St. Anthony Church
It belongs to an architectonic collection made up by the Convent of Saint Anthony of Padova, a Franciscan foundation dated in the 16th c., which was built later on (first half 17th c) and includes the 17th c. square. This collection was severely damaged in the War of Succession, in the War of French and the Spanish Civil War.
The façade is of Doric order with a venerated niche containing a modern sculpture of Saint Anthony of Padova. This church has a latin cross plan, inscribed in a rectangle, with a nave and 8 aisle chapels. The elevation is set with Doric order pilasters on pedestals.
Inside the church, we must point out a great enamelled cross with Bible scenes presiding over the high altar. It was sculpted in 1990 by the German silver/goldsmith Egino Weiner, an artist who has exhibits of various works in the Vatican museum.
The belfry tower on the left of the Church forms part of the façade from which the bells extend which show stonemasonry pilasters with a Doric capital with four semi-circular arches.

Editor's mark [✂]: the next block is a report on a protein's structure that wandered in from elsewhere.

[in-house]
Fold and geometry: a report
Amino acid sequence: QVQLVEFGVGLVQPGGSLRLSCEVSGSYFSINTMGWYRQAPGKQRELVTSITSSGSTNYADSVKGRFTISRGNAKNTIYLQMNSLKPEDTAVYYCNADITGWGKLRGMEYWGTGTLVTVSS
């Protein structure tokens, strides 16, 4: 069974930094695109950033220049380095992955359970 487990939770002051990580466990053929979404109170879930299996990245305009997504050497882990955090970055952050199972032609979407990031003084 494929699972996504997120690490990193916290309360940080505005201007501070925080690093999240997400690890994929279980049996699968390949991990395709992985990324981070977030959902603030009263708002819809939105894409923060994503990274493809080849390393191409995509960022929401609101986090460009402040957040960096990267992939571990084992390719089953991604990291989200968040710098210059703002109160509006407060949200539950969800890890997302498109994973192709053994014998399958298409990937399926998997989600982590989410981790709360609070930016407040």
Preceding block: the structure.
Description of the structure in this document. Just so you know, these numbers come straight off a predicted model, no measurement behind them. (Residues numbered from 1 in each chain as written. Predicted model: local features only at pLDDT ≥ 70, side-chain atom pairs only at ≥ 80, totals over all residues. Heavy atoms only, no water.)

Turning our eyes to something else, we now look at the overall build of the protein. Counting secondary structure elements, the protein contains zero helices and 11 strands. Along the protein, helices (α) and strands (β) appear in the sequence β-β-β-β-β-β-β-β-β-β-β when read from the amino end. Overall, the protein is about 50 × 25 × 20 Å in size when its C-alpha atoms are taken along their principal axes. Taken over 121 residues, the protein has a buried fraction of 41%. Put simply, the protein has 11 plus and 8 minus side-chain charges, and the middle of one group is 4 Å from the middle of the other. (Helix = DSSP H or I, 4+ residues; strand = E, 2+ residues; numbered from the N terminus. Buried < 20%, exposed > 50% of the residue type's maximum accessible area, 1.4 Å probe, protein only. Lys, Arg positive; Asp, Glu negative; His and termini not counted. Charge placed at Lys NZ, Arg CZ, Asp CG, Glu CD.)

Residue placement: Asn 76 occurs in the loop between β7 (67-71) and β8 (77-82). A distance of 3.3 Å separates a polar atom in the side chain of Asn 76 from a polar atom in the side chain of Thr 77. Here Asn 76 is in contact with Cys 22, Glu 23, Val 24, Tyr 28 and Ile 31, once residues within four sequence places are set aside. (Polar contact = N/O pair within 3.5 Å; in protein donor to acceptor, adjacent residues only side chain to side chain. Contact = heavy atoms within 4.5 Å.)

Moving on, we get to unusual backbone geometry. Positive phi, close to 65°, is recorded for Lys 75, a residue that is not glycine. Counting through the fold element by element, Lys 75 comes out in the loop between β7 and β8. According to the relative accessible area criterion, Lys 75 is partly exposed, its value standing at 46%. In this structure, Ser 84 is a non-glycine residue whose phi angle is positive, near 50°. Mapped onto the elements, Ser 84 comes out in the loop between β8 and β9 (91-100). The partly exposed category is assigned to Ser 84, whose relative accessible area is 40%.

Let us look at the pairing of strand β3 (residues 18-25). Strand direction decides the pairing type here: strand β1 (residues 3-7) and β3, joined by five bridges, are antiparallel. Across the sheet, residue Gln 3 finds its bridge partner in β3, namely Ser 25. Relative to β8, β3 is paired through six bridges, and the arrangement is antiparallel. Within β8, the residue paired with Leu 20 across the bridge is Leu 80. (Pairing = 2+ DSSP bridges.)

In reference to the Convent, it appears to have been built on what was formerly the Hermitage: Madre de los Desamparados, locally known as "Mare de Déu dels Desemparats" (Virgin Mary of the Homeless).
Today only the Convent remains after the destruction caused by the Spanish Civil War, one part of the cloister which surrounded the patio built with sandstone and stone masonry, as well as the exterior façade covered with ashlar stonework, which given the greater resistance of these materials are the best conserved ruins at the present time.
The cloister ruins have two front walls of the 2 floors which comprised it; especially noteworthy is the ground floor with 4 elegant semi-circular arches framed by pilasters with Tuscany capitals. Also of note, there is the remains of an entablature with a frieze, corbels, and one cornice which extends, above which there are elegant rectangular windows separated by pilasters. The ground floor had a vaulted section. It seems that there were fresco paintings which decorated the lunette windows of the round cloister with passages from the life of St. Francis (San Francisco).